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Dogs have excellent instincts and are instinctual judges of character.
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Old 20th March 2018, 7:32 PM   #8
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You do need to leave as soon as possible, today if you can. You need to enlist the help of your parents, to move your belongings out of the house while your husband is out for a few hours. If you can't move out while he's not there, get police to supervise while you move your stuff out, or at the very least a male who can protect you. Don't speak to him or engage with him about the separation, just ignore him and get on with it. If he is a narcissist he'll be gas-lighting you every step of the way, just block your ears and get out. Then you need to organise a restraining order so that he can't come and cause trouble at your parents house, and notify your children's schools, and maybe parents of their closest friends, and anyone else who is involved in your children's day to day lives. Don't be embarrassed or ashamed, or feel that you're being a burden, you'll be surprised how sympathetic and caring people will be once you ask for help and support. Most of all, don't start feeling that you're over-reacting and blowing things out of proportion, narcissists are very adept at gas-lighting and making you feel that you're the trouble-maker, causing a big scene about trivial matters and being a nuisance to everyone.
If he's NPD then there's very little to no chance he will ever change and trying to help him will be a waste of everyone's time. Just get away from him and start to heal the damage to yourself and your kids. After living with it for so long your kids need to know that you love them enough to get them away from the abuse, this is extremely important. If he gets access to the kids make sure it's under supervision. When he starts trying to wheedle his way back into your heart, don't let him under any circumstances. They never change, but they're very clever at changing their behaviour to achieve an end. NPD's are very seriously disturbed people and you don't know how far they'll go if you interfere with their agenda by exposing their behaviour.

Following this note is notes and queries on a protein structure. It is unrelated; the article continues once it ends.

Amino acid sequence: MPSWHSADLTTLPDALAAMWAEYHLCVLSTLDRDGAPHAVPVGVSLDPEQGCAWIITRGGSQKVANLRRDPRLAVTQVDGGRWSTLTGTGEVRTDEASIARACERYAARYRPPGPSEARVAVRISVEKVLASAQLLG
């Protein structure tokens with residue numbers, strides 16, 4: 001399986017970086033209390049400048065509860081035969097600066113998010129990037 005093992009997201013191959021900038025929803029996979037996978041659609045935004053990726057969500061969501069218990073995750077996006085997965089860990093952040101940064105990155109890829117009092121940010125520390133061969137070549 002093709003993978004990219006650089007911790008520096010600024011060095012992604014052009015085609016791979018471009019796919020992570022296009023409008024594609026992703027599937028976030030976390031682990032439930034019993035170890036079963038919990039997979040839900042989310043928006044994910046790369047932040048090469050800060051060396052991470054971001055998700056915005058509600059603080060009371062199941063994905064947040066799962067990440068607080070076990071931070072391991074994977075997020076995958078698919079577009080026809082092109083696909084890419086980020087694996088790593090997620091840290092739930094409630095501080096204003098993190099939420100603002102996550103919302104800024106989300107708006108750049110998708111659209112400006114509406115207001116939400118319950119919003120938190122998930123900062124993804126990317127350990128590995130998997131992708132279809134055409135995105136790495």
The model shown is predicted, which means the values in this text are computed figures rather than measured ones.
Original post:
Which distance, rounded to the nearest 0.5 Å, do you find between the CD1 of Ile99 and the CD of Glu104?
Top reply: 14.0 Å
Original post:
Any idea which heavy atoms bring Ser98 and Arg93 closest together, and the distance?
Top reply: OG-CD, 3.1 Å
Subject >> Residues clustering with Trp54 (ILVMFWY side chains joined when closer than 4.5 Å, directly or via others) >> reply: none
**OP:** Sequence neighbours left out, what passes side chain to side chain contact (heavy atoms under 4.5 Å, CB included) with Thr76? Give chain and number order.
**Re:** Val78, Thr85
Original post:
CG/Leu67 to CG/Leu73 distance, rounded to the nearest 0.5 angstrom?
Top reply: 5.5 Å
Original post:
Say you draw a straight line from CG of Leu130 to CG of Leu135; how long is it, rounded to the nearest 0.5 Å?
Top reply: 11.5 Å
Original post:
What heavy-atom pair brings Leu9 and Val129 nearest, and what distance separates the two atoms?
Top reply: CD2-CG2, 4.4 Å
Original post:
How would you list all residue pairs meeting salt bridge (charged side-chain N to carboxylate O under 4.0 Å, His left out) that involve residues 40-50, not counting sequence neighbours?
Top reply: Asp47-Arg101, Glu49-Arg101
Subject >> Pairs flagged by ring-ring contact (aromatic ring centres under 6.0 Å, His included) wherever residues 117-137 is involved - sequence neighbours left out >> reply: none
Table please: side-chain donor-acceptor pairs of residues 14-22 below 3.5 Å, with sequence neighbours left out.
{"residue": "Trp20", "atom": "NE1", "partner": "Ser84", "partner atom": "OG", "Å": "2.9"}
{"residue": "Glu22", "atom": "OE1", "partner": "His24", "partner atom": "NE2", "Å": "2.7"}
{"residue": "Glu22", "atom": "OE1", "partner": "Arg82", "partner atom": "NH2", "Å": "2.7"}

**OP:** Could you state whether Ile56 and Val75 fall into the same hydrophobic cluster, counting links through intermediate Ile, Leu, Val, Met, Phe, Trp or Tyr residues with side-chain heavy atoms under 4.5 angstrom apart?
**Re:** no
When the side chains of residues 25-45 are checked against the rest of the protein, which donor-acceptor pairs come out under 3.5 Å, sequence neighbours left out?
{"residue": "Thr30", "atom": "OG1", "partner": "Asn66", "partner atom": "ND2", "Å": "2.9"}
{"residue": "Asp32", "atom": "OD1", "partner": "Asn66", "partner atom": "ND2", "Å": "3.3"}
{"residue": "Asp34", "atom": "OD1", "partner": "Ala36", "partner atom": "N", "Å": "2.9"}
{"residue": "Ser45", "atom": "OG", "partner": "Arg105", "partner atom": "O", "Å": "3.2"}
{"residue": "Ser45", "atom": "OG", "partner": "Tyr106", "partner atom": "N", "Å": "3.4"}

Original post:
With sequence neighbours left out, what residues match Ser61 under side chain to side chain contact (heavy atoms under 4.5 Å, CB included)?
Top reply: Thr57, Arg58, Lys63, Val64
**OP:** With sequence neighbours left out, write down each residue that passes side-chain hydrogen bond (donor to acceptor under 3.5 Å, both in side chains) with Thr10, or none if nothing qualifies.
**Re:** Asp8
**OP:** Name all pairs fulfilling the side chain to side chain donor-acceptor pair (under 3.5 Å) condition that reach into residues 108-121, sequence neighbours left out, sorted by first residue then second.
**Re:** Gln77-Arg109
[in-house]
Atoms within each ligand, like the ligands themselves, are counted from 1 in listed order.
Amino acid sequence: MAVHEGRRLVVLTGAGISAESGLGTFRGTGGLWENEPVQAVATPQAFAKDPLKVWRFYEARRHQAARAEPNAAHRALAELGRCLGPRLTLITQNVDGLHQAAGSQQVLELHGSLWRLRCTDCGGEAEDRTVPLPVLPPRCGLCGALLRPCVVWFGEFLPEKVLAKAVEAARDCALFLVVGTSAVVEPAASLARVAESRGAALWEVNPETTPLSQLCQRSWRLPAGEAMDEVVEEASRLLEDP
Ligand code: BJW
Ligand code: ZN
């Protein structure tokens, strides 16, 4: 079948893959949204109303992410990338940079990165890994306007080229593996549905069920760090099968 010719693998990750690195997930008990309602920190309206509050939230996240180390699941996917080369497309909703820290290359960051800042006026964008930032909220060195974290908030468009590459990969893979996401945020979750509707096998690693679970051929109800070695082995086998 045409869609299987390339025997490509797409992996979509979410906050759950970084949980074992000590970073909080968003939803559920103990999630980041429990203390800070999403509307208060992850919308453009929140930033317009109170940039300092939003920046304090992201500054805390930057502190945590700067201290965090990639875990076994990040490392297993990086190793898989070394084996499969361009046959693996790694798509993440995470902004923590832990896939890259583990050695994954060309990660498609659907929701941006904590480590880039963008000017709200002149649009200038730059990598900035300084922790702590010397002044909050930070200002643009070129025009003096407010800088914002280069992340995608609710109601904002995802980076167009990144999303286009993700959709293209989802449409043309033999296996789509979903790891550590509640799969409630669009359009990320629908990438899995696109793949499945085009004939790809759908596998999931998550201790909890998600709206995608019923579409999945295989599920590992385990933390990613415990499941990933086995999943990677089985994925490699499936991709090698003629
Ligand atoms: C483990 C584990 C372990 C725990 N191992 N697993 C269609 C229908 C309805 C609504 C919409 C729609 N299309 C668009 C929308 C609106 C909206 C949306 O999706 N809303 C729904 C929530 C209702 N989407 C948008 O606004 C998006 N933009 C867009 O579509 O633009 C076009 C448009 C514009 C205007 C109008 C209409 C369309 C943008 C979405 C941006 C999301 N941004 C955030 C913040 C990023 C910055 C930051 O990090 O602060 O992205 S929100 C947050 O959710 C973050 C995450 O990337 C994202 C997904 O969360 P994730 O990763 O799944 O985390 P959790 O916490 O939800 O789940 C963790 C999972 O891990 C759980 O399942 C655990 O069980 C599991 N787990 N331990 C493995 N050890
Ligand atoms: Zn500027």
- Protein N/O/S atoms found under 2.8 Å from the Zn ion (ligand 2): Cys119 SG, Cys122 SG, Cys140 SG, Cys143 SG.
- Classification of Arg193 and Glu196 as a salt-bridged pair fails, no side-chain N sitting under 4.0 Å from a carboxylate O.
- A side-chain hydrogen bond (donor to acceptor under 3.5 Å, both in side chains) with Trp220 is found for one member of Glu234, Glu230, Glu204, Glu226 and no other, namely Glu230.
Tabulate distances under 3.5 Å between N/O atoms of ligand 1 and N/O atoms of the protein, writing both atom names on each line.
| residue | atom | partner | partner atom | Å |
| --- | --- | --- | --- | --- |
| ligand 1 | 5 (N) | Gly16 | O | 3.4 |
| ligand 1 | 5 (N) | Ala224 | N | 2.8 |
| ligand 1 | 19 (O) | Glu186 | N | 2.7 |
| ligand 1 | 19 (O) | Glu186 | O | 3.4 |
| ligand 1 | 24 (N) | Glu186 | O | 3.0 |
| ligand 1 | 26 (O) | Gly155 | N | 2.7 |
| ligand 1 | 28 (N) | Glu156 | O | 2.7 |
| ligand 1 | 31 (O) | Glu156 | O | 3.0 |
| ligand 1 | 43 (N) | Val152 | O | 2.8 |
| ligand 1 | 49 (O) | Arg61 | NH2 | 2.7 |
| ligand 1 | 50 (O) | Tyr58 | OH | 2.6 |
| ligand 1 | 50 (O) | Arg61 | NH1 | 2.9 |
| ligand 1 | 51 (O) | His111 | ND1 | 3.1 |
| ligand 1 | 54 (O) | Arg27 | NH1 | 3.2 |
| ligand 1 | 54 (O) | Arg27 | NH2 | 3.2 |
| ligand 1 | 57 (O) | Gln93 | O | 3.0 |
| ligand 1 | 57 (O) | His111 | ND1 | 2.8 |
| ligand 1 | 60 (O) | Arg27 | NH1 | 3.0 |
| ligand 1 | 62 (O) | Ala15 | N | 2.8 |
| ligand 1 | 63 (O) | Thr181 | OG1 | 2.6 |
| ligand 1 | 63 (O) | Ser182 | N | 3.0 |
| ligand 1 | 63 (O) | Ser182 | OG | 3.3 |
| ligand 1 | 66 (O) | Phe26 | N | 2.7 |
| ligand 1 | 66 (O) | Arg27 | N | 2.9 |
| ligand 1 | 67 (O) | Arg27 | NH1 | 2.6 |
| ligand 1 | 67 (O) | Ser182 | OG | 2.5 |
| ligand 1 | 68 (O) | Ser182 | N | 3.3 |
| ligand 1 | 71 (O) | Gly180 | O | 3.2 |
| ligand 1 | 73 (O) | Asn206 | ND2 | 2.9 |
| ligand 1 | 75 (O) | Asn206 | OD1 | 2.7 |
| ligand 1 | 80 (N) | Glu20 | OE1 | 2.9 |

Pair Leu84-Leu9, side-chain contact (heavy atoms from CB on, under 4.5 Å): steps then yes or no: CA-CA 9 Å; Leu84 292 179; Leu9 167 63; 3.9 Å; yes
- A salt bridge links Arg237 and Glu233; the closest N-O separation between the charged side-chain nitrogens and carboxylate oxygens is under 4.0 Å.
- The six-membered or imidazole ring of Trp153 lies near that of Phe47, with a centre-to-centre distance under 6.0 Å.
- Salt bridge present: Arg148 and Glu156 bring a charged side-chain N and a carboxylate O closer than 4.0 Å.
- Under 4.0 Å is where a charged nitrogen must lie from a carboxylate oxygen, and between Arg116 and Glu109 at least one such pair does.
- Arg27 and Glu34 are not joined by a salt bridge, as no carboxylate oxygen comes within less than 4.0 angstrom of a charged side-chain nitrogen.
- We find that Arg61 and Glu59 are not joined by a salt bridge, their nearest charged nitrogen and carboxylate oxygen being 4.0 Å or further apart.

Very best of luck and a big hug.
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Old 20th March 2018, 9:07 PM   #9
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Originally Posted by Aja3 View Post
Thank you for your insight. I really appreciate it.
It’s so helpful to confirm that none of this is right. I’ve stayed so long and I just don’t know why and to read this feedback helps me realize I can’t keep sticking around thank you.
No, you can't keep sticking around... Staying, is harming your children.

Your children have the strength to stand up for themselves, and for you. Now, it's your turn to gather the strength and stand up - for them. Get them to safety. Give them the opportunity for a calm and peaceful home.

The time to leave is now.

Last edited by BaileyB; 20th March 2018 at 9:10 PM..
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Old 21st March 2018, 2:19 AM   #10
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But I am afraid to leave but know that for the mental health of myself and children... this has to end.
Afraid you sound as locked in this toxic dance as he does, co-dependent to his obvious personality disorder. How else do you explain subjecting yourself - and your kids - to a decade or more of this?

As others have counseled, therapy could help you understand why you haven't felt enabled to stand up for yourself in the face of obvious abuse. Once you're separated, that's where I'd start. Hopefully, it will also prepare you for the manipulation and pleading for reconciliation that will surely follow...

Mr. Lucky
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Old 21st March 2018, 10:21 AM   #11
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thank you so much for your words. I've been STUCK for years just fearing the reaction and how it will be. I've heard things such as he says when it's over- not me. No one wants my baggage. What haven't I heard. Insane how much words can eat at your core when you're weak. I will take everyone's advice here and get moving on this. The anger comes in waves. 5 bad days followed by 2 days of making up for the bad days... and repeat. OVER and OVER.
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Old 21st March 2018, 10:24 AM   #12
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I agree with you Mr. Lucky. It's been too long and I realize this NOW. It's been all I know and why I thought I HAD to accept it. "for better or worse".